Coming soon: Electric propulsion plan for Mars
By Keith Button|July/August 2017
Aerojet Rocketdyne is scheduled to deliver plans to NASA in August for a solar electric propulsion thruster that could propel the planned moon-orbiting Deep Space Gateway as a precursor to a human mission to Mars.
NASA hired Aerojet Rocketdyne to build the Advanced Electric Propulsion System thruster by 2019 for future NASA space missions, and the technology might have applications for commercial satellites as well. With 13 kilowatts of power available for propulsion, the new thruster would more than double both the power available and the corresponding thrust generated by the current state-of-the-art solar electric propulsion thrusters, which operate at 3 to 5 kilowatts and are becoming routine for commercial communications satellites.
NASA also wants the thruster to deliver a higher specific impulse — for better fuel efficiency — than current solar electric propulsion thrusters and a longer lifespan: 1,700 on/off cycles over a mission lasting at least eight years. Aerojet Rocketdyne will present plans for its preliminary design review in August, then lock in the plans for a critical design review in 2018 before final testing and qualification of the thruster in 2019.
NASA envisions combining three to five of the 13-kilowatt thrusters to propel a spacecraft for humans circling the moon as practice before a human mission to Mars, says David Manzella, chief engineer for NASA’s Solar Electric Propulsion Technology Demonstration Mission Project.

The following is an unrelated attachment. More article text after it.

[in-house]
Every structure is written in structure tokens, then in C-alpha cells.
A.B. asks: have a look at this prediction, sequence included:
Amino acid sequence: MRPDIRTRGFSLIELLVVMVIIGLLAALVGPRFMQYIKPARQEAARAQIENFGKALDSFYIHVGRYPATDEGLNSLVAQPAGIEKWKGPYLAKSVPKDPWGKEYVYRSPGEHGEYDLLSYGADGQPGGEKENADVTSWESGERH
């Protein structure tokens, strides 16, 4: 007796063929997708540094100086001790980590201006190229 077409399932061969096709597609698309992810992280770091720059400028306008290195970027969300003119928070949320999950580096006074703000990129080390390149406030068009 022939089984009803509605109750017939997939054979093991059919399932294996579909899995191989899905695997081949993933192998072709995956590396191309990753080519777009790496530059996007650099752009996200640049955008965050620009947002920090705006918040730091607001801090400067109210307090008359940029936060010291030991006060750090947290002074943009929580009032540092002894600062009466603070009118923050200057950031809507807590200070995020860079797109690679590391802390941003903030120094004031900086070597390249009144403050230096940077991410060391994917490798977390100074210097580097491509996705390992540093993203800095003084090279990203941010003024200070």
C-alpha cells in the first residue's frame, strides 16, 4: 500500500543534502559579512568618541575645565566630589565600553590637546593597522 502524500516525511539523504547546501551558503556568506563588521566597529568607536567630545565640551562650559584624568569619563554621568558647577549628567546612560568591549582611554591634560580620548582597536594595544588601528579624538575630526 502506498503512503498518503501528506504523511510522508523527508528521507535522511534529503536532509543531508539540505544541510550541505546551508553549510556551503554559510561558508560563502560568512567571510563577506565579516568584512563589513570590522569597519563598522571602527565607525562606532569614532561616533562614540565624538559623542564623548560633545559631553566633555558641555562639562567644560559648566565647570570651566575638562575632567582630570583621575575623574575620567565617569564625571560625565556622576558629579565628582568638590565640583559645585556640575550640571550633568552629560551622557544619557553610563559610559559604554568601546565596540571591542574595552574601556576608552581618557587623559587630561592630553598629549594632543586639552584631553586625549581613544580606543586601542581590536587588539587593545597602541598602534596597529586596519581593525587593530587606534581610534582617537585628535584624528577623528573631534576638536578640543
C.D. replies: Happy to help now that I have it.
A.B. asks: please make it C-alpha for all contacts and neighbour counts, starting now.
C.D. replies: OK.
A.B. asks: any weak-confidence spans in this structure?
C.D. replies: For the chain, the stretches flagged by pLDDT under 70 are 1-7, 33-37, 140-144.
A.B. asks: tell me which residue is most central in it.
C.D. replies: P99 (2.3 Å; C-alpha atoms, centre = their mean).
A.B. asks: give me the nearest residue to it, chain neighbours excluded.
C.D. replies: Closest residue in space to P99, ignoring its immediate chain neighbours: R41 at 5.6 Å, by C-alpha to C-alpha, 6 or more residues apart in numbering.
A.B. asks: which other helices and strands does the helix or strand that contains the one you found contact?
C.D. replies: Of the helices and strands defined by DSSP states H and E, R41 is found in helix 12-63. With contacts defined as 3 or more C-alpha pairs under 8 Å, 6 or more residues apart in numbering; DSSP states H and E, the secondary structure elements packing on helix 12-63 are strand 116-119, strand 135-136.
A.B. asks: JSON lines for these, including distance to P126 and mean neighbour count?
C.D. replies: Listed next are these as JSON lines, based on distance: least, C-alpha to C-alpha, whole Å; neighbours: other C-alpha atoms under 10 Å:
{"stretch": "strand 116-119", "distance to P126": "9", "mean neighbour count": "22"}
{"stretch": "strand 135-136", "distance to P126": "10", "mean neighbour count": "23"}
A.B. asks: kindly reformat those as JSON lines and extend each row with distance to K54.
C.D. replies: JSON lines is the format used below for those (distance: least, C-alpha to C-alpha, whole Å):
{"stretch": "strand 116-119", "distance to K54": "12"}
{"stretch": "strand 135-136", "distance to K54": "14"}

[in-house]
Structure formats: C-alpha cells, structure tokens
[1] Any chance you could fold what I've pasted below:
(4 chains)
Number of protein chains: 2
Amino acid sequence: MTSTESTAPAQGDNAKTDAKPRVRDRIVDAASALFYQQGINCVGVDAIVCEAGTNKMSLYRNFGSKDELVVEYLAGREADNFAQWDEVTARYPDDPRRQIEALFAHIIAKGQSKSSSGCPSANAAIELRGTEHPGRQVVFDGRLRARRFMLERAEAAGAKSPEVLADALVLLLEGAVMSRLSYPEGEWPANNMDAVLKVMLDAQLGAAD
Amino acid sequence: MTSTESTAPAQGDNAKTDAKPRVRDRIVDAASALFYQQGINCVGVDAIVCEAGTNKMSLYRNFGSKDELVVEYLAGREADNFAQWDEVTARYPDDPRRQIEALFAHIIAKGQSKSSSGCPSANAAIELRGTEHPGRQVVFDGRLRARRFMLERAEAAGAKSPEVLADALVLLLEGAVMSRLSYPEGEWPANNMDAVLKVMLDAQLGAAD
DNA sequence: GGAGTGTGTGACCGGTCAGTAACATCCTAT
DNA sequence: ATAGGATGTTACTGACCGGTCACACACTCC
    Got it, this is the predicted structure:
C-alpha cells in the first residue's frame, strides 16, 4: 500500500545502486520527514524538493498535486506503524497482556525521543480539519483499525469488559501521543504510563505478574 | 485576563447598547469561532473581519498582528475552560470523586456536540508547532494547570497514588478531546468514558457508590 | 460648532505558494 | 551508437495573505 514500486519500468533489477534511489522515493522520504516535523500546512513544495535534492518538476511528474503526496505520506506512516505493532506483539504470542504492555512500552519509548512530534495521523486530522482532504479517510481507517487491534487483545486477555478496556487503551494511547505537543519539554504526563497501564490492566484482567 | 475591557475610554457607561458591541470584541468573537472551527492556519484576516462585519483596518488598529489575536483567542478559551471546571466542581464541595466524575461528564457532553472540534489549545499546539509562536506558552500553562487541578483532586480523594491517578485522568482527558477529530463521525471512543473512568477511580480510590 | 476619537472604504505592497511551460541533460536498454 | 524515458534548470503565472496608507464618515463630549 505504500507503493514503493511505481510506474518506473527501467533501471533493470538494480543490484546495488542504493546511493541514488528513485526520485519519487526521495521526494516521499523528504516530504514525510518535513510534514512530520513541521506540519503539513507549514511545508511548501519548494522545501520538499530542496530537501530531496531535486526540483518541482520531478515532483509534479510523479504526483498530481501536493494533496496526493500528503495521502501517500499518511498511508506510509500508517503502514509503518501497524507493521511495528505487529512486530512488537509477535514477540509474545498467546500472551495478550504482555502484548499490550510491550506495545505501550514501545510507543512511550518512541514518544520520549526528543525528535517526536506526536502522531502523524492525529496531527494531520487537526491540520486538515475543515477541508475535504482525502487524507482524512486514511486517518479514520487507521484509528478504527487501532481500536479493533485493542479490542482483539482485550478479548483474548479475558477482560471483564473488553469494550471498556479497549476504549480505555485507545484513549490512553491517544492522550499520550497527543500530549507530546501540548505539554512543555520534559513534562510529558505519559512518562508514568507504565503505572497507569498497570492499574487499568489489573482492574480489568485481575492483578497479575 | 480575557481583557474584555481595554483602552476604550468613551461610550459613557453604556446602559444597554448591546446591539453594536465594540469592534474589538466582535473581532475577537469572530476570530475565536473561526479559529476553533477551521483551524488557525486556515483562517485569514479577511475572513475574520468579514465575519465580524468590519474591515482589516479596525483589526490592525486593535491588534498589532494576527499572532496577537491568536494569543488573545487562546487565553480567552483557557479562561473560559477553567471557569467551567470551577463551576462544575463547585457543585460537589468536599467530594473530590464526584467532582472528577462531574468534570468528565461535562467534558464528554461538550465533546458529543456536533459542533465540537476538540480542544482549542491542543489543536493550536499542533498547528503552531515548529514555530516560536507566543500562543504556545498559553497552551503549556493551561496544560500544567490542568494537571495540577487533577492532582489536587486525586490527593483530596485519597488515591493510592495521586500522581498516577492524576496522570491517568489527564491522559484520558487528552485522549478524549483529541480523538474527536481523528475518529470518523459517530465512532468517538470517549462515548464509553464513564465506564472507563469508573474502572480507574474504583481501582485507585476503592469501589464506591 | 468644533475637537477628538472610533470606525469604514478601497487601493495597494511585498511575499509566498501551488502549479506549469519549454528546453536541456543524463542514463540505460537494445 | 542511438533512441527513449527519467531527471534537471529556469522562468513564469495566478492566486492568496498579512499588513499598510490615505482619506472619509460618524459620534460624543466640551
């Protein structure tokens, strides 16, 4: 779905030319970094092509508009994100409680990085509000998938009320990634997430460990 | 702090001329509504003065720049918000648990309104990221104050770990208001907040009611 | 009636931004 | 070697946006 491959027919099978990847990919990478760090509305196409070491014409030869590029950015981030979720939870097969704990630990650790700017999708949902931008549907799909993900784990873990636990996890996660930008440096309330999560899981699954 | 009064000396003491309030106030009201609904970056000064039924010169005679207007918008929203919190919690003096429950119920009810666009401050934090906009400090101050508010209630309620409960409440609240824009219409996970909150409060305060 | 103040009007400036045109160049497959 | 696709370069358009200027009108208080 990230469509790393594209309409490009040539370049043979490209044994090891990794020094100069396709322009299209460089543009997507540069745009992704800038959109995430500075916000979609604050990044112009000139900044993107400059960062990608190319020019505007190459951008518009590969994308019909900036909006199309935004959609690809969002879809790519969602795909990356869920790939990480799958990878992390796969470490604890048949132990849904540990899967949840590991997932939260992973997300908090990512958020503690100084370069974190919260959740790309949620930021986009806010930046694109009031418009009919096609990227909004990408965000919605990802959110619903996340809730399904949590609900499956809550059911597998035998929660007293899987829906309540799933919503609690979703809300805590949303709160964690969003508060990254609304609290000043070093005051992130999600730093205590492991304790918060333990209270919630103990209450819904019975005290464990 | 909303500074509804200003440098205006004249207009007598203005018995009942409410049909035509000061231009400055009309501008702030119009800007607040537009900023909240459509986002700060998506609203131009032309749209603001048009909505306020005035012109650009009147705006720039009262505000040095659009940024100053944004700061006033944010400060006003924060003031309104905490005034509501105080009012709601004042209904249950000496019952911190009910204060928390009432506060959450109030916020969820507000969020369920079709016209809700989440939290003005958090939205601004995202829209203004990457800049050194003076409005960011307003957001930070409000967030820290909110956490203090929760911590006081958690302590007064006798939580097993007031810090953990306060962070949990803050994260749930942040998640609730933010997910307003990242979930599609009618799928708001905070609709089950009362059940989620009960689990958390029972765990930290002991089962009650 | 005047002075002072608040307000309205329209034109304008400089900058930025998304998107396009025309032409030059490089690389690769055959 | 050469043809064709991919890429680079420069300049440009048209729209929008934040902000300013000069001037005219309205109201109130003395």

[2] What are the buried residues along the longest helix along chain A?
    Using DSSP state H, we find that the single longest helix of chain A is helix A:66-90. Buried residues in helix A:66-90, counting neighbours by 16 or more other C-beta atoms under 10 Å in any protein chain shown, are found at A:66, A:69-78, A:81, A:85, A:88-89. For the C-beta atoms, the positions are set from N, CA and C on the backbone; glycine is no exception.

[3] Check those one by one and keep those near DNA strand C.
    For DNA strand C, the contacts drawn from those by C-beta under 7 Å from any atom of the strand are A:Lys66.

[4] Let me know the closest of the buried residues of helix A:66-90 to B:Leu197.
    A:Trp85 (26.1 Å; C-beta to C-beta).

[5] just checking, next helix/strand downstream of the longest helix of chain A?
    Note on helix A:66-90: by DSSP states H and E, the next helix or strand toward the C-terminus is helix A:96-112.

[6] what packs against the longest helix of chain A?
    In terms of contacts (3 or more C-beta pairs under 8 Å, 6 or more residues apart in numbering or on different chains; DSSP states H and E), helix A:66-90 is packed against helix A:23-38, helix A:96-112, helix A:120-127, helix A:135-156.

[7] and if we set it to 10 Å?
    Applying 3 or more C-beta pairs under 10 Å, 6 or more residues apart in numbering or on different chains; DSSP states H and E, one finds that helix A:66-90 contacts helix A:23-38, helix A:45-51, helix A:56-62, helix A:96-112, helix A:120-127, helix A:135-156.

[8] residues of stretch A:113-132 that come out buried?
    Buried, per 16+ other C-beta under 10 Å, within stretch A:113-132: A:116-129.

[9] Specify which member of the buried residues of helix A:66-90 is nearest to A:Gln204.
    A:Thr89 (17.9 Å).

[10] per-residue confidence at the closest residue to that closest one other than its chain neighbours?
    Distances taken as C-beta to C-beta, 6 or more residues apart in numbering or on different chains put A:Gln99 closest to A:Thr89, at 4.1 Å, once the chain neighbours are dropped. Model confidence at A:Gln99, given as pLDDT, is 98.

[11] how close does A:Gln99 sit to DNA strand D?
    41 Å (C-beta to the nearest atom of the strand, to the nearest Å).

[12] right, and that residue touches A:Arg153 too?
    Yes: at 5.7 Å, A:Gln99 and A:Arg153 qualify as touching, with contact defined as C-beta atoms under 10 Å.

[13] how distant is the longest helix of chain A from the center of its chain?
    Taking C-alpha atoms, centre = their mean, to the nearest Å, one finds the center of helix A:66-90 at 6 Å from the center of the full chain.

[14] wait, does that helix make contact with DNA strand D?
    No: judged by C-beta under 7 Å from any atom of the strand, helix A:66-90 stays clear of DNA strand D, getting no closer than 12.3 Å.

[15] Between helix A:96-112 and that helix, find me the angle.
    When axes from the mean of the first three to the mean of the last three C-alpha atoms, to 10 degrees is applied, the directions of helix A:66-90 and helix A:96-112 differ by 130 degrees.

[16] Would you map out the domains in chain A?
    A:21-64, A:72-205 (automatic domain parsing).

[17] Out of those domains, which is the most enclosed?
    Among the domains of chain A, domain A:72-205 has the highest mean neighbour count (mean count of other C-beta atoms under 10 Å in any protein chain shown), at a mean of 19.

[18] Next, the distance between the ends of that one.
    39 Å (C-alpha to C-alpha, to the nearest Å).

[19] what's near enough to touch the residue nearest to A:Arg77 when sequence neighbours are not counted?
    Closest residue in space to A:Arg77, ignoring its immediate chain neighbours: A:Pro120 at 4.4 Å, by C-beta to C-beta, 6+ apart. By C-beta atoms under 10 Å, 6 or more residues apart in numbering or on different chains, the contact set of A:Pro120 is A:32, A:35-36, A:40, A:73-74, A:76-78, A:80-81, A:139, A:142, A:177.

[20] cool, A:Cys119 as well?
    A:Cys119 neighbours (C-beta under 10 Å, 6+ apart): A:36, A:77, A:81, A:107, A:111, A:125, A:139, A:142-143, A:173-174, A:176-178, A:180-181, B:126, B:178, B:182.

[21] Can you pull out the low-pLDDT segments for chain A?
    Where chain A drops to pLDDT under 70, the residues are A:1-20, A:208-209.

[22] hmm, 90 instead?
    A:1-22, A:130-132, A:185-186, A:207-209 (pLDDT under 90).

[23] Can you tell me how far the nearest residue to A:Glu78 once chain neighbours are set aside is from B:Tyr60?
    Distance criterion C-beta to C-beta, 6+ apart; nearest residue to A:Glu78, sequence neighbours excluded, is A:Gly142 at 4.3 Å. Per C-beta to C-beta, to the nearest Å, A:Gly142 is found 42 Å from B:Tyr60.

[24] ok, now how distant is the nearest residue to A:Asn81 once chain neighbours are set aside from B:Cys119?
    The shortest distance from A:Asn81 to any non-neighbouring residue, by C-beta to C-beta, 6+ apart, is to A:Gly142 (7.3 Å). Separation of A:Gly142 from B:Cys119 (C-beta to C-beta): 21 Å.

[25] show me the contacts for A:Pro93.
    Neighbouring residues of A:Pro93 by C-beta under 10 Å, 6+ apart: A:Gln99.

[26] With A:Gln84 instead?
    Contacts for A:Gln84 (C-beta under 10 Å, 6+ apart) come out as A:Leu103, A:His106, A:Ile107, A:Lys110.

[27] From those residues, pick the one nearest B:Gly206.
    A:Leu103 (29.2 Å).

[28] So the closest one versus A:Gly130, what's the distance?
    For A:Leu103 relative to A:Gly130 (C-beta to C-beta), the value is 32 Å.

NASA had planned to incorporate the technology in its Asteroid Redirect Mission, but that mission was canceled in President Donald Trump’s proposed 2018 budget. NASA’s first job for the new thrusters would be propelling the Deep Space Gateway spacecraft sometime around 2022. Orion crew spacecraft would dock with the gateway, which would provide a habitat for a crew of four people for up to 42 days.
“Raising the thrust level like we’re doing allows us to get to places more quickly,” Manzella says. “And that’s basically what was necessary to allow solar electric propulsion to be useful for human exploration. You can’t put a crew on a thing that’s going to take eight years to get from Earth to Mars. You have to make the power high enough so that you can do these transfers more quickly.”
The Mars mission is going to need solar electric propulsion because the mass of chemical propellant needed for a deep space mission would overwhelm, says Joe Cassady, Aerojet Rocketdyne’s executive director of space. “The reason that it’s such a driver for us in the Mars mission is: It saves a tremendous amount of money, just not having to launch that propellant off the planet, to do those transfers to Mars.”
Aerojet Rocketdyne is basing its design on the Hall Effect Rocket with Magnetic Shielding, or HERMeS — a 12.5 kilowatt prototype solar electric thruster developed by NASA, Cassady says.
Editor’s note: In the photo at top, NASA Glenn Research engineer Peter Peterson prepares the Hall Effect Rocket with Magnetic Shielding, or HERMeS, for ground testing in a vacuum chamber that simulates the environment in space.